In August the Minerals Council South Africa launched the National Day of Safety & Health in Mining 2018 campaign as part of the mining industry’s recommitment to the shared goal of Zero Harm.
While the Minerals Council acknowledges an 88% improvement in South Africa’s fatality rates over the last 20 years to 2017, it is concerned that the trend has been reversing since 2017.
This article first appeared in Mining Review Africa Issue 9 2018
“Ensuring that all our colleagues return home safely and unharmed at the end of every day is and must be our industry’s top priority.
“Together with employees, unions and with the support and guidance of the Department of Mineral Resources, we can change this around and head back towards our ultimate zero harm objective,” comments the Minerals Council CEO, Roger Baxter.
The National Day of Safety and Health in Mining 2018 campaign, launched on 17 August 2018, will be followed over a period of one month in which all member companies will commit to a day of safety and health in mining to reaffirm their commitment to achieving zero harm.
“All stakeholders have a common interest in eliminating fatalities and serious injuries because of the tragic impact they have on all employees and their loved ones.
“Working collaboratively with other stakeholders to achieve zero harm is the primary focus of the Minerals Council and its members. Our industry cannot rest until this goal becomes a reality. We, at the Minerals Council, commit to playing our part,” notes Baxter.
Minerals Council VP Andile Sangqu highlights that the Minerals Council takes the relationship it has with its regulator, employees, the trade unions and all other stakeholders seriously and therefore commits itself to working collectively and collaboratively in defeating this problem that is besetting the industry.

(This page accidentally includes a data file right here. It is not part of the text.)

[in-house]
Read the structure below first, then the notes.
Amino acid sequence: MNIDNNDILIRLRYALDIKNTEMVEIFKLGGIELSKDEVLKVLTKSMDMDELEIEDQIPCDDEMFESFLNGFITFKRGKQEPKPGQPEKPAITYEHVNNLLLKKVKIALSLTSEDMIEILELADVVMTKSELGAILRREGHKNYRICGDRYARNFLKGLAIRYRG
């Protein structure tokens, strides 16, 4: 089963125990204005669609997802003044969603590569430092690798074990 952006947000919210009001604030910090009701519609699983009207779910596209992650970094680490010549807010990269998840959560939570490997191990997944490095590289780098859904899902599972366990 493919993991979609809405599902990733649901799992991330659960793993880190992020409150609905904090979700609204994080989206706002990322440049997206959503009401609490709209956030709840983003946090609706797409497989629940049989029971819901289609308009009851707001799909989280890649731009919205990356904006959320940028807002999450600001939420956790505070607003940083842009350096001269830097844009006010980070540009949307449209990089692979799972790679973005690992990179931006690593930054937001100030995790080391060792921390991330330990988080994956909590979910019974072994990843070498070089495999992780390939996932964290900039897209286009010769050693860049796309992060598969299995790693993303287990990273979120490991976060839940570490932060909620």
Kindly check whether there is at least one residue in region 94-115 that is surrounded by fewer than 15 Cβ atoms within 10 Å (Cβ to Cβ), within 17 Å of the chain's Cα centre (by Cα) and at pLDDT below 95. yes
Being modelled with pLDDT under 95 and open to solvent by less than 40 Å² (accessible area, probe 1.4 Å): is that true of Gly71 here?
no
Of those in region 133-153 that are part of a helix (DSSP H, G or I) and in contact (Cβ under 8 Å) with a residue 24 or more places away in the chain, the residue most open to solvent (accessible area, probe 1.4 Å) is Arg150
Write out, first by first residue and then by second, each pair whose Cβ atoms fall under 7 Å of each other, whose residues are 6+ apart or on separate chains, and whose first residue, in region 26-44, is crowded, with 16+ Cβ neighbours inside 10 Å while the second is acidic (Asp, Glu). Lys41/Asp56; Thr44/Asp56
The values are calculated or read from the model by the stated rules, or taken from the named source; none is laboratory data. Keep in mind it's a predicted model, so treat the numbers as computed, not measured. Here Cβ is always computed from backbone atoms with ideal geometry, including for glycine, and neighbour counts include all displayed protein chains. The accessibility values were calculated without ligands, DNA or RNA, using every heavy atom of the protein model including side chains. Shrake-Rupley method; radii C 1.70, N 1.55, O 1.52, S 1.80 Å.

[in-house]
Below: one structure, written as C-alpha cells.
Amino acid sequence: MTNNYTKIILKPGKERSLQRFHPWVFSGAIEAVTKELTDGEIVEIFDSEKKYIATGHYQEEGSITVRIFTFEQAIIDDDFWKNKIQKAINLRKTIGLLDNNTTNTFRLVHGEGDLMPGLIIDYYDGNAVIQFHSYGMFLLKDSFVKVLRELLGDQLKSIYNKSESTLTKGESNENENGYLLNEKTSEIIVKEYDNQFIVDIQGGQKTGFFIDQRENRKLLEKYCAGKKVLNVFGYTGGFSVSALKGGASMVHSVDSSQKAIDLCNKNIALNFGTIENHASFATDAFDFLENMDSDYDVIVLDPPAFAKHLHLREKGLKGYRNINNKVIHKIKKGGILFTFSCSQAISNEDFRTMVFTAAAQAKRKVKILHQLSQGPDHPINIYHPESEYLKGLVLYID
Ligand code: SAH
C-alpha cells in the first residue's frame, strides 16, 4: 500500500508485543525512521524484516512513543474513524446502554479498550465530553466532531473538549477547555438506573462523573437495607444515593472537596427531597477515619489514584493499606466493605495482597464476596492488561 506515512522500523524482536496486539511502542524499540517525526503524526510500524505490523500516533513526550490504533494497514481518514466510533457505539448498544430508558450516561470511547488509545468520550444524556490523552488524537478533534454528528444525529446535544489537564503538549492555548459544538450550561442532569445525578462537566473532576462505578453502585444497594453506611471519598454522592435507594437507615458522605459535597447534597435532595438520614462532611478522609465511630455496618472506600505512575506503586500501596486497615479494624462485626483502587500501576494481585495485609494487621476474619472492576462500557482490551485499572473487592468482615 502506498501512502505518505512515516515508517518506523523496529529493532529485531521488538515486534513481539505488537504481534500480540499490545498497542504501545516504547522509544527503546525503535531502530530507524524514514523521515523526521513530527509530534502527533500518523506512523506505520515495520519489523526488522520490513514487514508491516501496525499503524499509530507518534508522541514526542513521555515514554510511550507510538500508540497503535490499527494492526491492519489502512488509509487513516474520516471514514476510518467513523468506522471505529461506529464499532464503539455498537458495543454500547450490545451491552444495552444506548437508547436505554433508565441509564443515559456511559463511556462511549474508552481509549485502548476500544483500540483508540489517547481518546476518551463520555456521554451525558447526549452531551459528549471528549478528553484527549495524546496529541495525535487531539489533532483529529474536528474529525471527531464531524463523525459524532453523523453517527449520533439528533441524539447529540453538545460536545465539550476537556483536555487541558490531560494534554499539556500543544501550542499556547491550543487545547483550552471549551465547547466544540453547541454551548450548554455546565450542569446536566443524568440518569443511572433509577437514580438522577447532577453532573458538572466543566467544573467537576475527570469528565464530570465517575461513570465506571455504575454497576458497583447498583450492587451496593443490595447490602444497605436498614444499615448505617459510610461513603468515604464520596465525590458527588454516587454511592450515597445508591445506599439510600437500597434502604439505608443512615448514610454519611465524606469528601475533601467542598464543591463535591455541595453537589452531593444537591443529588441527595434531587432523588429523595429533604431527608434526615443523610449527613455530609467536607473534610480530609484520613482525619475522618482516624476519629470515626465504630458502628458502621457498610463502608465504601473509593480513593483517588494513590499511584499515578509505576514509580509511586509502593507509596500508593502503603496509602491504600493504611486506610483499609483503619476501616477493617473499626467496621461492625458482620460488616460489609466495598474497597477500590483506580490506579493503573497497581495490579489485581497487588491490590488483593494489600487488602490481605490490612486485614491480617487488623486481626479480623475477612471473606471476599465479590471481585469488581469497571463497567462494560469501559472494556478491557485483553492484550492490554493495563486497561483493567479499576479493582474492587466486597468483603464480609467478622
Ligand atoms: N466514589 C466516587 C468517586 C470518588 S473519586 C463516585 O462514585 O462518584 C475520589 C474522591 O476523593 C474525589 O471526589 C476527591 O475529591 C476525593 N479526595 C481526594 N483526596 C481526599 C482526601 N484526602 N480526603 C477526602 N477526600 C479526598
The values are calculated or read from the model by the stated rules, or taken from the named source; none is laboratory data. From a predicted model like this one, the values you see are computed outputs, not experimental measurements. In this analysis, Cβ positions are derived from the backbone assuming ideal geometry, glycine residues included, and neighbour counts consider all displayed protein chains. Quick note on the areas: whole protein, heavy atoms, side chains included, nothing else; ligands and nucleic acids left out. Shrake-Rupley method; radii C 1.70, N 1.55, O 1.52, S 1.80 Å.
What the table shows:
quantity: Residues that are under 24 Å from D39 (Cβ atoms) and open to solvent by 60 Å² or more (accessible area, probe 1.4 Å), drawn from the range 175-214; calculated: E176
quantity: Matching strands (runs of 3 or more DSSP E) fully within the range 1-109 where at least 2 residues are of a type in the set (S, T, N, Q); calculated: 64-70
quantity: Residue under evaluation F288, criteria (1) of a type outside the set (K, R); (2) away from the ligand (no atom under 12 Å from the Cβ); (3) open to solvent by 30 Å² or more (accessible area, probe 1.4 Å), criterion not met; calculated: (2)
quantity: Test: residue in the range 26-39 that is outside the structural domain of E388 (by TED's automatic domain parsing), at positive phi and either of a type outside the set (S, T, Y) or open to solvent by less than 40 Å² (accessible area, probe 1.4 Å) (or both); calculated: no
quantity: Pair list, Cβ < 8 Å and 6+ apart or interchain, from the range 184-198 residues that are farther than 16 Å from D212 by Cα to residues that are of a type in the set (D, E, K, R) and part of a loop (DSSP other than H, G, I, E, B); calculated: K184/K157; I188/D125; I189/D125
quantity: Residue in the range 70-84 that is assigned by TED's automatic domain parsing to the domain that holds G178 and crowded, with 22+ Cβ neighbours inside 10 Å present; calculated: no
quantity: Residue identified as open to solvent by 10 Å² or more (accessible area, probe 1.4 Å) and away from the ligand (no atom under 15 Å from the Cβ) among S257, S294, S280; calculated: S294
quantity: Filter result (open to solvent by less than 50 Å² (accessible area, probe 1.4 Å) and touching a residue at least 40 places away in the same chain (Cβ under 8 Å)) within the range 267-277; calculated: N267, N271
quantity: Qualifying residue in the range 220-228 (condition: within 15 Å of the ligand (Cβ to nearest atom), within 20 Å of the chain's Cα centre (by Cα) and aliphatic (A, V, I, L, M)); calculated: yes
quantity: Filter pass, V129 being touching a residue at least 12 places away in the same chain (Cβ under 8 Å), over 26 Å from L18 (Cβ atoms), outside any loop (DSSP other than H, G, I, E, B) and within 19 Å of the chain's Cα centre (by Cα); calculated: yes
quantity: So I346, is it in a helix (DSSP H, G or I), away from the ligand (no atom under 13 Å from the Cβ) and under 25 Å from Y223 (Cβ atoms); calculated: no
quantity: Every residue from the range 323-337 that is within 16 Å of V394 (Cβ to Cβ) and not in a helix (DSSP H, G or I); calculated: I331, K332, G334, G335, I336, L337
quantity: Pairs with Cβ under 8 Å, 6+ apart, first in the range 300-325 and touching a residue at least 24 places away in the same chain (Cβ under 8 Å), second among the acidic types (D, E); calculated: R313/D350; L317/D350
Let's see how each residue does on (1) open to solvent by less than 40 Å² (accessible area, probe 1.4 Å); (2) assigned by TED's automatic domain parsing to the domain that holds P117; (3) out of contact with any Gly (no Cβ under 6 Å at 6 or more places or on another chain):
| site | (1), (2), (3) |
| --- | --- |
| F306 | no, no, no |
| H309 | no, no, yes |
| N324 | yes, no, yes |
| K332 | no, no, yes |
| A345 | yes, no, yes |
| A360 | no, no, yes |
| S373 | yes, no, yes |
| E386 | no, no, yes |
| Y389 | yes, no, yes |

“Through the work of the Mine Health and Safety Council we have set targets that need to be achieved by 2024 in relation to safety and health and we pledge our commitment to work tirelessly towards achieving these targets,” he notes.
In addition Sangqu explains that with the launch of the safety and health day campaign the Minerals Council publicly commits itself to its goal and to the goal of its tripartite partners of zero harm.
Collectively committed to safety
Chairman of the CEO Zero Harm Forum, Chris Griffith, firmly believes that safety and health is a core value and that every person working at a mine has the right to return home without harm.
“It is inherently about care and respect for people,” he states.
“As an industry, we understand the importance of safety and health and many of us have placed great emphasis on it as part of the way we work.
“Even though we have made significant progress in safety over the last two decades, we are still falling short of our milestones and know we’re not where we want to be.
“We know that our leadership needs to be visible to everybody involved in the mining industry in order to make a lasting impact,” comments Griffith.
“We have to set the example from the top down to inspire our people and make it known that we as leaders only want safe and healthy production. It is not about production at all cost.
“As far back as 2012, we as CEOs agreed that collaboration is the key to a step-change in safety and health and so a decision was taken back then to lead by example,” he adds.
“The industry’s performance shows that if we want to enhance our credibility as a caring industry, we must, more than ever, now step up to make a further difference.
“As the CEOs of the mining industry in South Africa we remain committed to sharing and learning from each other and to rapidly deploying best practice – to ensure we can achieve our goal of sending all our employees safely home to their families at the end of each working day,” he concludes.